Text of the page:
One-arm doorframe stretch
This stretch provides relief of tension in your chest muscles and the front of your shoulders that come from slumping in a seated position.
Standing and facing an open doorway, place a forearm on the doorframe with your elbow bent to 90 degrees at shoulder height. Your upper arm should be parallel with the floor.
Rotate your body away from your arm until you feel a stretch in the front of your chest. Hold for three long, deep breaths, keeping your back neutral and lower ribs down. Repeat on the other side.
Supported windmill twist
This exercise relieves the upper-body rigidity caused by a static sitting posture.
Standing and facing a desk or counter, sit back slightly into a shallow squat position, then hinge from your hips to bend over and place your left forearm down on the desk or countertop.
Keeping your knees bent with your hips and low-back neutral, inhale as you reach your right arm forward and rotate from your shoulder, mid-back and rib cage to twist open to the right, reaching your hand upward. Hold for three breaths, using your respiration to facilitate the twist.
Focus your inhalations on the open side of your rib cage (the side you're turning to) and exhalations on the opposite side, where you can use side waist muscles to internally rotate your ribs and enable further rotation of your rib cage and mid back. Unwind and practice the rotation to the left from the same starting position with your right forearm down.
Wall Angels, also known as scapula (shoulder blade) wall slides work to strengthen your back muscles to counteract the overactive muscles in the front of your body that pull you into a slouched position while seated.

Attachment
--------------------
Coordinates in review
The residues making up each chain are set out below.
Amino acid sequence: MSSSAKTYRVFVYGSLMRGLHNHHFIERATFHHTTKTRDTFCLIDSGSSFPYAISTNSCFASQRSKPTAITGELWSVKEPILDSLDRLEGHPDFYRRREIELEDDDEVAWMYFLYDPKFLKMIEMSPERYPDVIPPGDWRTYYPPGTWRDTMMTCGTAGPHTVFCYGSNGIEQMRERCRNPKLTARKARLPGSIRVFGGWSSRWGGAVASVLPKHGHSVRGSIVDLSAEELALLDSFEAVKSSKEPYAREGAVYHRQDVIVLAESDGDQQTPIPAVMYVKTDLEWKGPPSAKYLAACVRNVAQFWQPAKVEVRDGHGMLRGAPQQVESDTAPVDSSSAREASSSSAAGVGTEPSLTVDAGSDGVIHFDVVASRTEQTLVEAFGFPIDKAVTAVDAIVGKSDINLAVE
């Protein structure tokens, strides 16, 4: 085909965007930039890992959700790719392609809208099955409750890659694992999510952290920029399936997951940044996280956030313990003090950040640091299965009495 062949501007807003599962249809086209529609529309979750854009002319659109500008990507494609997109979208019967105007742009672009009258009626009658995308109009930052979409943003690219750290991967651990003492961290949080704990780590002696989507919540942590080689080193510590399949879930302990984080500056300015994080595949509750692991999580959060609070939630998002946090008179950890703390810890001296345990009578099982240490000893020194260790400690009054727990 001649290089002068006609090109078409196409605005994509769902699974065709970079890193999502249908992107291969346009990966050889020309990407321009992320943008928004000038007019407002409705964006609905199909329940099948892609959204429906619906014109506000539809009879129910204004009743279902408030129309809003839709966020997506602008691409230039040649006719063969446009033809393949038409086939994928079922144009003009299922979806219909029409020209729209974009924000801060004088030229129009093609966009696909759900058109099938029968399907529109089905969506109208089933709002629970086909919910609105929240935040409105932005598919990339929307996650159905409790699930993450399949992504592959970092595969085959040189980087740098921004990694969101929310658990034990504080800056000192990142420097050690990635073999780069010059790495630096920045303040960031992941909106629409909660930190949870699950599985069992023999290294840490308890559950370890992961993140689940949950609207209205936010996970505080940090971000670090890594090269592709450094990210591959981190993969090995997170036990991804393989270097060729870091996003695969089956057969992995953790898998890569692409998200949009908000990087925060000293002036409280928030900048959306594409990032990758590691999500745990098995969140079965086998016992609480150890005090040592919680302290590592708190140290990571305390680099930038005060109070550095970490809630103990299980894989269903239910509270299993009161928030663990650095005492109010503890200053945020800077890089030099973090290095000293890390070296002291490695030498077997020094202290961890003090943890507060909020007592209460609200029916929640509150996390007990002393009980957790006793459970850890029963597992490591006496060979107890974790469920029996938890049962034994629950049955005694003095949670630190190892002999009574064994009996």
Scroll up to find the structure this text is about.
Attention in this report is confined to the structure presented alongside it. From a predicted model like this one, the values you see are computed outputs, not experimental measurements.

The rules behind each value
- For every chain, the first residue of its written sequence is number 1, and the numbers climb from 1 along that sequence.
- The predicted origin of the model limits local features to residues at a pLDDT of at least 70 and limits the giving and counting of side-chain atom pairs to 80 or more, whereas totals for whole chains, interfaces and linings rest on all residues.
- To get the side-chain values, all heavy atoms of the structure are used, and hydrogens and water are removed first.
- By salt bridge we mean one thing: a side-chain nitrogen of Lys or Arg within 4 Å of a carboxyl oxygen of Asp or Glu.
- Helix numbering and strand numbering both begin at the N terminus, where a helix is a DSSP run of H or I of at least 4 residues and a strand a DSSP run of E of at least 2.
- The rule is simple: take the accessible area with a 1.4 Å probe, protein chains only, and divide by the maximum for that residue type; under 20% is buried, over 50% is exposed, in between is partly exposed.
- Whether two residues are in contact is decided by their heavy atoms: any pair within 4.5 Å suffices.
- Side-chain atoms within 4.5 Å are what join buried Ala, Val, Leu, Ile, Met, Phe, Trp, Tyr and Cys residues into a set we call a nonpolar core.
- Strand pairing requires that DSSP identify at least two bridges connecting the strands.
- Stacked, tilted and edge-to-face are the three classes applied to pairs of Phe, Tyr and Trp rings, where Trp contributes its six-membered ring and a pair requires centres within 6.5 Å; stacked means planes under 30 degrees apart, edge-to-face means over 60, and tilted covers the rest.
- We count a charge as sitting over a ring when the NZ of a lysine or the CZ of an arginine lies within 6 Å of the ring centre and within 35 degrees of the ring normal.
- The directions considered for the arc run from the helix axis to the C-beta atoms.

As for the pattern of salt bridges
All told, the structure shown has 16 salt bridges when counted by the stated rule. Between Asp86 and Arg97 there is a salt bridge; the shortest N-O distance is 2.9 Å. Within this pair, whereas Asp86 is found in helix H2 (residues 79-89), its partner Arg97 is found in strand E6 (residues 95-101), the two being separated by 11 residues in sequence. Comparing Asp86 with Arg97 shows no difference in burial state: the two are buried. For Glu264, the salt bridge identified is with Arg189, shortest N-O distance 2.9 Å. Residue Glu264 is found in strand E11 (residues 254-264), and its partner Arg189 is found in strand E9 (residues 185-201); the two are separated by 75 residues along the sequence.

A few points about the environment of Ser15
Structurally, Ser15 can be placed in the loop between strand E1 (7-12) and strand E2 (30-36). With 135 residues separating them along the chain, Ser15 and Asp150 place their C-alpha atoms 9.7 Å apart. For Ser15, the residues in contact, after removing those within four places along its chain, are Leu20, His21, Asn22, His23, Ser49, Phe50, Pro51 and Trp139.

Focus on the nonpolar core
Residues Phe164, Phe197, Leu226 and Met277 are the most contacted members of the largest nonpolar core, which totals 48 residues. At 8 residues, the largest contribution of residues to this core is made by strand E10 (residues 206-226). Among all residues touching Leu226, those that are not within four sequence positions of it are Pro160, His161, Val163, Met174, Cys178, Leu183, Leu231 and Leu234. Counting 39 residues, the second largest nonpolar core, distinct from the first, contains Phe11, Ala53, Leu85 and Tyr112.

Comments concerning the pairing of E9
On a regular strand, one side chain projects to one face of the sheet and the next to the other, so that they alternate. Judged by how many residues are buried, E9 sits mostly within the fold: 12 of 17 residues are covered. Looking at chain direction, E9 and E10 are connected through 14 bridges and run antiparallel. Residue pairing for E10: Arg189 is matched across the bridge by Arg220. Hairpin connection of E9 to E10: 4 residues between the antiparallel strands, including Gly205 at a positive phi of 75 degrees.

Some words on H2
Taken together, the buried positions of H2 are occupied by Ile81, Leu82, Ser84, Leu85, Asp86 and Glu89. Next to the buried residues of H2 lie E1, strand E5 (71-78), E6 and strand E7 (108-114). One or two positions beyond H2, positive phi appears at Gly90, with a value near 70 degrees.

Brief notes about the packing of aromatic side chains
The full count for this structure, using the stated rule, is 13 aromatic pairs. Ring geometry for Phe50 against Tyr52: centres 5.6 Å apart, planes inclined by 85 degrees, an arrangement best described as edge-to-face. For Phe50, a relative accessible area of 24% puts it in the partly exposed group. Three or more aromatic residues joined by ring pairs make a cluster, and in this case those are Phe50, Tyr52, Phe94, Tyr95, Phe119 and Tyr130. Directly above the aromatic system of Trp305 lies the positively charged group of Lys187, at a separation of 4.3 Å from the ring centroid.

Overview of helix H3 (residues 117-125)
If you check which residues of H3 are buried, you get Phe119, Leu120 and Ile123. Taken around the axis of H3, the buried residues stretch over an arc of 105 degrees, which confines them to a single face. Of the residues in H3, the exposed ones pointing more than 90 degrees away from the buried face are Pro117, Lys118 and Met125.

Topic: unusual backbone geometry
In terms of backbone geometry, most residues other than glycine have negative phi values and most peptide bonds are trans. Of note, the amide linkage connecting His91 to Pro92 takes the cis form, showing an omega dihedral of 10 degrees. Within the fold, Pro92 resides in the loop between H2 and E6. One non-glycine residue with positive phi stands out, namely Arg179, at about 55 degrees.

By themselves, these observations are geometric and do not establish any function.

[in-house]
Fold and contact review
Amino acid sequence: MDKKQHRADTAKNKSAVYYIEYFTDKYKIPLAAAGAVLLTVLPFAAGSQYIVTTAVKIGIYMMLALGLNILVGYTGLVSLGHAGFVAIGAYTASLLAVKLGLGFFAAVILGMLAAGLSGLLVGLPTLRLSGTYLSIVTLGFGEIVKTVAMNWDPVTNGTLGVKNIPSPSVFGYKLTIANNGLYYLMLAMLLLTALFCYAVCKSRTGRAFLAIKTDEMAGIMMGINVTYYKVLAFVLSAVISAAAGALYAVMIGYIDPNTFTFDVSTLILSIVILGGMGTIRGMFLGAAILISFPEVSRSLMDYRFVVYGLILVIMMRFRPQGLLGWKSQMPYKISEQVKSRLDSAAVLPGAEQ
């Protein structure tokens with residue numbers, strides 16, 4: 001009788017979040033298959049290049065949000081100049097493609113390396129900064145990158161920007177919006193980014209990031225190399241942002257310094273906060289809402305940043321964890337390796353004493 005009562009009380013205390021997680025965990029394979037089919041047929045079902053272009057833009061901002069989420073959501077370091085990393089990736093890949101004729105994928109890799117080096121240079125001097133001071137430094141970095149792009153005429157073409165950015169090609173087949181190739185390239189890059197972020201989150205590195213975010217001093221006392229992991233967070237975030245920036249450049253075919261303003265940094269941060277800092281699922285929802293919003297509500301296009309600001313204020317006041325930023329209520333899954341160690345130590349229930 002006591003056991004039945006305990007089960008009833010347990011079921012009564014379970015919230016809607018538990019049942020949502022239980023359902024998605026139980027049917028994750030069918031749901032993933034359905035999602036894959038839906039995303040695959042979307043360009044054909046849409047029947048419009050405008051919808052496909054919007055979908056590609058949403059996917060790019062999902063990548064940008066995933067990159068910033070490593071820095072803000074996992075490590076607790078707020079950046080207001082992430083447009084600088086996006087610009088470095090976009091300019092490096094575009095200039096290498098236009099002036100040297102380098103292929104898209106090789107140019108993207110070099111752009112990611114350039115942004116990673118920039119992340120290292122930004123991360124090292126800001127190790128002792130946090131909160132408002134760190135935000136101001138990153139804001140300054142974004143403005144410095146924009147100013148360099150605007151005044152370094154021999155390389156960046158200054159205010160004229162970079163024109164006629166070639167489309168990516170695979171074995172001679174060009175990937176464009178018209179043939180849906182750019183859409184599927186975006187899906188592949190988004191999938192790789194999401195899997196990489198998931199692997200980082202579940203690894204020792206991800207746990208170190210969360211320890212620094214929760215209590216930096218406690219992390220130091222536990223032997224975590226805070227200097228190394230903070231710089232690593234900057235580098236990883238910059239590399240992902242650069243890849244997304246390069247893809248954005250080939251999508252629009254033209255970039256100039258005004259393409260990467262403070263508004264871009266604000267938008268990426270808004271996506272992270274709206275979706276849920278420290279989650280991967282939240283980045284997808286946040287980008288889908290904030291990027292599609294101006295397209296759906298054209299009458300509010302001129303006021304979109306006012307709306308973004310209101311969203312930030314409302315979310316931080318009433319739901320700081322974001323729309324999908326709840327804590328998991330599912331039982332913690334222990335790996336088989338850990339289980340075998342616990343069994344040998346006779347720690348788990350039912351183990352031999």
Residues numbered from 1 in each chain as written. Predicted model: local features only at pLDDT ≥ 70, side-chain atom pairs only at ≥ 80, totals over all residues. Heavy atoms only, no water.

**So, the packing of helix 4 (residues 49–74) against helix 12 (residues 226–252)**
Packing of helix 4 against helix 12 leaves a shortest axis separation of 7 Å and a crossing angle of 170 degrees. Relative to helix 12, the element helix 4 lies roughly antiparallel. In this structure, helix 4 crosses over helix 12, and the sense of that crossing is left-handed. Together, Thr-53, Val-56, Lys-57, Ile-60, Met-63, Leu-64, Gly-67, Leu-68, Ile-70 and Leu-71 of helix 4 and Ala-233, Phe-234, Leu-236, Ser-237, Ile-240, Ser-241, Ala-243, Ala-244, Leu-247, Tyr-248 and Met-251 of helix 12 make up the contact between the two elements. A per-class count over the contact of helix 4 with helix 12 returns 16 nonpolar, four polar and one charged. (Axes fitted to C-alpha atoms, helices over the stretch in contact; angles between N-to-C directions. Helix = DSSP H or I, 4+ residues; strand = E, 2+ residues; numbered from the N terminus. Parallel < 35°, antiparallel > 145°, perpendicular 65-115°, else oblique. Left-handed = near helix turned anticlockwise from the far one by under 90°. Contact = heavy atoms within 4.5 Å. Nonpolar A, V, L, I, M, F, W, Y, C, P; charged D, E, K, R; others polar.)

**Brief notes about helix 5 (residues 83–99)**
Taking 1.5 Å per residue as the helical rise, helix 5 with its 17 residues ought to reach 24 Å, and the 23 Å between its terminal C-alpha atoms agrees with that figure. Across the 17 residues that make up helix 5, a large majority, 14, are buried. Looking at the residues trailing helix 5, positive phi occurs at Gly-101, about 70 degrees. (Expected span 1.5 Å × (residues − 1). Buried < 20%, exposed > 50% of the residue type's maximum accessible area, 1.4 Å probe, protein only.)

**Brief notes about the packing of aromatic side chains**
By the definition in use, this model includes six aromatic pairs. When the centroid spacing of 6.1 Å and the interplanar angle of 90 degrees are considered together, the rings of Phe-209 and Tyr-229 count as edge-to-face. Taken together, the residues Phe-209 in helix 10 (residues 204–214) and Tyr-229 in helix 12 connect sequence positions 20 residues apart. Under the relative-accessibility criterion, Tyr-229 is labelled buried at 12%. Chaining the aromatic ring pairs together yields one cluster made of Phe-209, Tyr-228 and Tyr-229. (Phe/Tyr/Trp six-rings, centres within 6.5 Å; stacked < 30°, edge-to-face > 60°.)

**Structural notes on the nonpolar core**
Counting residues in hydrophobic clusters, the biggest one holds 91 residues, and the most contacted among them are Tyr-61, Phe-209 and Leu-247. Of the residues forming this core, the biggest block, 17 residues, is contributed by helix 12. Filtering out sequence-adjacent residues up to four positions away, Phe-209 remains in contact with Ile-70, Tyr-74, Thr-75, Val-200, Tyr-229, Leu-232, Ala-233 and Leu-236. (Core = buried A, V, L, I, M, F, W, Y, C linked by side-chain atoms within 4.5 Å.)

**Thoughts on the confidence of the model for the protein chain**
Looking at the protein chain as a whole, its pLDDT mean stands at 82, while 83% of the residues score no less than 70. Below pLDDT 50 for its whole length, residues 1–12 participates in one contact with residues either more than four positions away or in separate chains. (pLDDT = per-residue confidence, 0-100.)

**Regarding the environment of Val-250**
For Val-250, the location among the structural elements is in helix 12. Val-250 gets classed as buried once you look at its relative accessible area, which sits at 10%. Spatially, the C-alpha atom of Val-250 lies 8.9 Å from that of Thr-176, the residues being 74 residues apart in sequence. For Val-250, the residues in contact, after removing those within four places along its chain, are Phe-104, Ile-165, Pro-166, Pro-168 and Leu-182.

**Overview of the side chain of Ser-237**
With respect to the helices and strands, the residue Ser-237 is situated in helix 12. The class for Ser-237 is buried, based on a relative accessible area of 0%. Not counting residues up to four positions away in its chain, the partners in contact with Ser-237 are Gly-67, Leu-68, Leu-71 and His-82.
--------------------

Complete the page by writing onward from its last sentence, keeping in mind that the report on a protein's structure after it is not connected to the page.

Stand with your back against a wall, keeping your feet hip distance about 6 to 8 inches from the wall. Bend your knees slightly to use some leverage from your legs and core to help push your entire back into the wall with your lower back as flat as possible. Rest the back of your head against the wall, directing your gaze forward.
Raise your arms up to shoulder height, bending your elbows to 90 degrees with your shoulders, elbows and backs of your hands against the wall. Inhale as you slide your hands and elbows up the wall until you start to feel like it's difficult to maintain the touch points of your back, head, shoulders, elbows and hands against the wall. Exhale as you slide your arms back to 90 degrees.
Repeat this motion through five long, deep breaths. With every exhale, concentrate on moving your lower ribs in, back and down while also pulling the base of your shoulder blades down.
This positional breathing exercise strengthens your diaphragm, core and glutes while releasing your hip flexors to establish an optimal rib cage and pelvis position for better overall posture.
Begin on your back with your knees bent and feet on the floor, hip distance apart. Place a foam yoga block, foam roller or rolled towel between your legs to engage your inner thighs and avoid your hips externally rotating and knees splaying out. Place your hands on your lower ribs so you can feel them moving in and out horizontally with each phase of your breath.
You want to avoid upward movement of your rib cage while breathing, and you shouldn't feel any stress or tension in your jaw, neck or shoulders.
Exhale fully, drawing your lower ribs in toward each other, feeling your core turn on and your ribcage move downward. At the end of that exhale, without breathing in yet, tuck your tailbone, flattening your low back and lifting your hips approximately 3 or 4 inches off the floor.
Avoid arching your low back. Maintaining the bridge posture, inhale, trying to expand your ribs out to the sides.
Hold this position using the strength of your core and glutes, taking five long, deep breaths, focused on horizontal rib movement. Repeat for a total of two sets of five breaths.
Adding these simple exercises to your daily routine will help improve your posture, reduce neck pain and backaches and boost your overall health and wellness.